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As civilizations developed around the world, music evolved alongside regional and cultural differences. The most basic of elements have always been there in common, but differences exist and continue to keep cultures apart. The human voice takes on various colors, even without language. Tuning may give one program preferences over another, depending on the listener’s ear. Then, there’s the instrumentation to deal with. The kanjeera, konokol and ghatam may be unfamiliar to many of us. Still, it's not at all difficult to recognize hands on drums, vocal chants and musical virtuosity in any form.
Jonas Hellborg and Shawn Lane take one obvious common thread in contemporary music and pair it with traditional Indian improvised music. The jazz umbrella does, indeed, stretch that far. Their electric bass and electric guitar could blend easily with any music. This time out, the formula casts a Mahavishnu shadow with exotic flavors that represent many cultures. Next time, it could easily originate from another corner of the globe.
Vocal scatting, virtuosic percussion and heavy jazz-fusion landscapes give the album an interesting face. Trading fours and stretching out individually, the artists interpret jazz from a mainstream point of view. There’s a lot to like, especially for those of us who enjoy a geographically wider jazz umbrella.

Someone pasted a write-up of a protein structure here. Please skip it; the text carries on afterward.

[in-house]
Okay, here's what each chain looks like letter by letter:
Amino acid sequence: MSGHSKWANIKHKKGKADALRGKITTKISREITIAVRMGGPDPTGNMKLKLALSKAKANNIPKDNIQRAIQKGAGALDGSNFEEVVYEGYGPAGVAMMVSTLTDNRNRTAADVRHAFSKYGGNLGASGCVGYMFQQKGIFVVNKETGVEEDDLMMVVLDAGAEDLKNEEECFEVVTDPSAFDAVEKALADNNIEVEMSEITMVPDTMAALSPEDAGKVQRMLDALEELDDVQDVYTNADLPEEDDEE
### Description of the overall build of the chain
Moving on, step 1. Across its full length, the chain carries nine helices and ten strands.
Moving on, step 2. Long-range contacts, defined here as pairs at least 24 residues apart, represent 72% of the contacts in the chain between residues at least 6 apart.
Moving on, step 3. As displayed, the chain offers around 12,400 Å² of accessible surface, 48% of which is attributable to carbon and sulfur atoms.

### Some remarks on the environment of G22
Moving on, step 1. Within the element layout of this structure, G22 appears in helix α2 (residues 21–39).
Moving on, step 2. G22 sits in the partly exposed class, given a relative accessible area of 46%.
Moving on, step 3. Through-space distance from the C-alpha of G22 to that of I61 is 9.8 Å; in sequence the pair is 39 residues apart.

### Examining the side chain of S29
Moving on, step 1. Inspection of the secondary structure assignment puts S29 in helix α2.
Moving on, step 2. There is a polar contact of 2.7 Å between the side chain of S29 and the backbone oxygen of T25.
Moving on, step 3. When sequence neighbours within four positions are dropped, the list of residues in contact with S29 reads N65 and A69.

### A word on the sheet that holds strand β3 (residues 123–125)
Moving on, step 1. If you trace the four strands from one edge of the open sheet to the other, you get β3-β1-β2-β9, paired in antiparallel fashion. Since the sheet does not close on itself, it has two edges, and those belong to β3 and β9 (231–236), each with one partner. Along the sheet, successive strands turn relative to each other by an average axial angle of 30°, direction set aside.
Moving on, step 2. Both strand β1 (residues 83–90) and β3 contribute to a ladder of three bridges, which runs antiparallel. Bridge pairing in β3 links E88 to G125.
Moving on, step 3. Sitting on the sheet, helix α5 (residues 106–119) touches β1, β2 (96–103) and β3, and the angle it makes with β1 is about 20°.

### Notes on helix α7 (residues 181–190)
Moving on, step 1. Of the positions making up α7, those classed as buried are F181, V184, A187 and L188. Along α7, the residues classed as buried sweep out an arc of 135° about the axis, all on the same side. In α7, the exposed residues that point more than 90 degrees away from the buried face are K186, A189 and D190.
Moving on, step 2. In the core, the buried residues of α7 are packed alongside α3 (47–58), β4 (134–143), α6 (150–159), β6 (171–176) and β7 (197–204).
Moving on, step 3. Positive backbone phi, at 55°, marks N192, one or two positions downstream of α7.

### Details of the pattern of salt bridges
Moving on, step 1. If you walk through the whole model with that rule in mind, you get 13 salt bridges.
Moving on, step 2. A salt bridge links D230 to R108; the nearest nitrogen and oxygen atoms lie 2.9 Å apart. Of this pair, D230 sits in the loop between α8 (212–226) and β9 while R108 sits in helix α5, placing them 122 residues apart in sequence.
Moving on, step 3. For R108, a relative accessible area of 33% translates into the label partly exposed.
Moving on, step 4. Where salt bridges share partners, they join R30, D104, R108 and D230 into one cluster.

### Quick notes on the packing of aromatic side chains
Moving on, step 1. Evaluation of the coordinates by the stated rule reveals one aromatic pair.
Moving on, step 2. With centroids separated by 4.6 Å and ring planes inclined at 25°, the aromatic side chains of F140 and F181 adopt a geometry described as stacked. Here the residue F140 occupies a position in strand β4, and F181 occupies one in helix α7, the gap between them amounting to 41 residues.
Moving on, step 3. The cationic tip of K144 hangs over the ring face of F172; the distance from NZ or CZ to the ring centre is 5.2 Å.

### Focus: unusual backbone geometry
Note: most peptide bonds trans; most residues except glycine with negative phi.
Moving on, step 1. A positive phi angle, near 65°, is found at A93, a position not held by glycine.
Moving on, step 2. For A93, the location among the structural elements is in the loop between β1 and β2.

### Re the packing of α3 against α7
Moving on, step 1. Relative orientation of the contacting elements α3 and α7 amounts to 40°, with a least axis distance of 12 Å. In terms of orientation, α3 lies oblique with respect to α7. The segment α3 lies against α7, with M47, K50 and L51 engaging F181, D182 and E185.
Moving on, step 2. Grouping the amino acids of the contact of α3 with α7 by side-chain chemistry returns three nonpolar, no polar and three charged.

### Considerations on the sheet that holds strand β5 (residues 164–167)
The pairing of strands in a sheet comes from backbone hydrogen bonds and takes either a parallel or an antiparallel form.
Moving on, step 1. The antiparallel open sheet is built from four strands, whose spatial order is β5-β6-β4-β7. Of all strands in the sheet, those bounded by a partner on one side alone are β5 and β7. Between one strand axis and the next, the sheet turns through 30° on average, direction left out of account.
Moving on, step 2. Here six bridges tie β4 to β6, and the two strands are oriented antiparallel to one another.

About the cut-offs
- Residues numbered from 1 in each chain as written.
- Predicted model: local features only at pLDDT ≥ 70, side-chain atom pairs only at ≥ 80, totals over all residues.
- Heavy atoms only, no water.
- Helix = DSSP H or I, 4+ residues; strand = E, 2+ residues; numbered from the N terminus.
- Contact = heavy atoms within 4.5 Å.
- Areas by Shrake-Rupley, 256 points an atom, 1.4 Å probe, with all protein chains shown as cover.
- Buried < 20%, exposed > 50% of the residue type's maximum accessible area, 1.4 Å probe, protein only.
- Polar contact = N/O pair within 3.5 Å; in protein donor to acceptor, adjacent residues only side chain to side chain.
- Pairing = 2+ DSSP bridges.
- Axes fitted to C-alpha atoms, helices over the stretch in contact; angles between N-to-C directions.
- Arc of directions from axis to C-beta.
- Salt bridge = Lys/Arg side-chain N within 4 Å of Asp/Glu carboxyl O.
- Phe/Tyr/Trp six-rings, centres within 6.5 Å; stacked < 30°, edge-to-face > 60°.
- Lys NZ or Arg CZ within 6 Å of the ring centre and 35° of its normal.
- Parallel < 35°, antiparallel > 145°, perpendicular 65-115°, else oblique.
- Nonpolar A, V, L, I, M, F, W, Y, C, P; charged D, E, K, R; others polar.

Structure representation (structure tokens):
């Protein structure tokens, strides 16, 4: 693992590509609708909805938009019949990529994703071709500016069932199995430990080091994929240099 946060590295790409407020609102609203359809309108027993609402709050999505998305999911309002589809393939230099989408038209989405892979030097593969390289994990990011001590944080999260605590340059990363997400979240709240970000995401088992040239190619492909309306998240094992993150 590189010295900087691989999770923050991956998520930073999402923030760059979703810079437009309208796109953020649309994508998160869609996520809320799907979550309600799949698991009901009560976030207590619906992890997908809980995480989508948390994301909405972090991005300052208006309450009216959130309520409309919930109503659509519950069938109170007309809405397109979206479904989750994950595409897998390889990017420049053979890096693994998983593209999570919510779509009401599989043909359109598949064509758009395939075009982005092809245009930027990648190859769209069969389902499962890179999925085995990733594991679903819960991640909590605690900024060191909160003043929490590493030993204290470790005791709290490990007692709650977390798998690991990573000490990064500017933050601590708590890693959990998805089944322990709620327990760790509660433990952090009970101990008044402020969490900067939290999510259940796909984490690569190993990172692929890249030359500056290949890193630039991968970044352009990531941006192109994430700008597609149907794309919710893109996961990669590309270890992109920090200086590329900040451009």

Track Listing: Anchor; Mirror; Vehicle; Escape.
Personnel: Jonas Hellborg- electric bass; Shawn Lane- electric guitar; V. Selvaganesh- kanjeera, konokol; V.
Umashankar- ghatam, konokol; V. Umamahesh- vocals.
I was first exposed to jazz when I was studying at the University of Puerto Rico. Nearby, I found a little record shop where the music coming from the store (Taller de Jazz Don Pedro) made me stop. I walked down the short stairs and towards the music and learned that the music playing was Clifford Brown and Max Roach
I was first exposed to jazz when I was studying at the University of Puerto Rico. Nearby, I found a little record shop where the music coming from the store (Taller de Jazz Don Pedro) made me stop. I walked down the short stairs and towards the music and learned that the music playing was Clifford Brown and Max Roach. I fell in love with it. I wondered around until the owner (Pedro Soto) asked if I needed help. He then introduced me to John Coltrane, Miles Davis, Gerry Mulligan and the rest is history. I walked out of the store with my first jazz recording: Clifford Brown and Max Roach at Basin Street.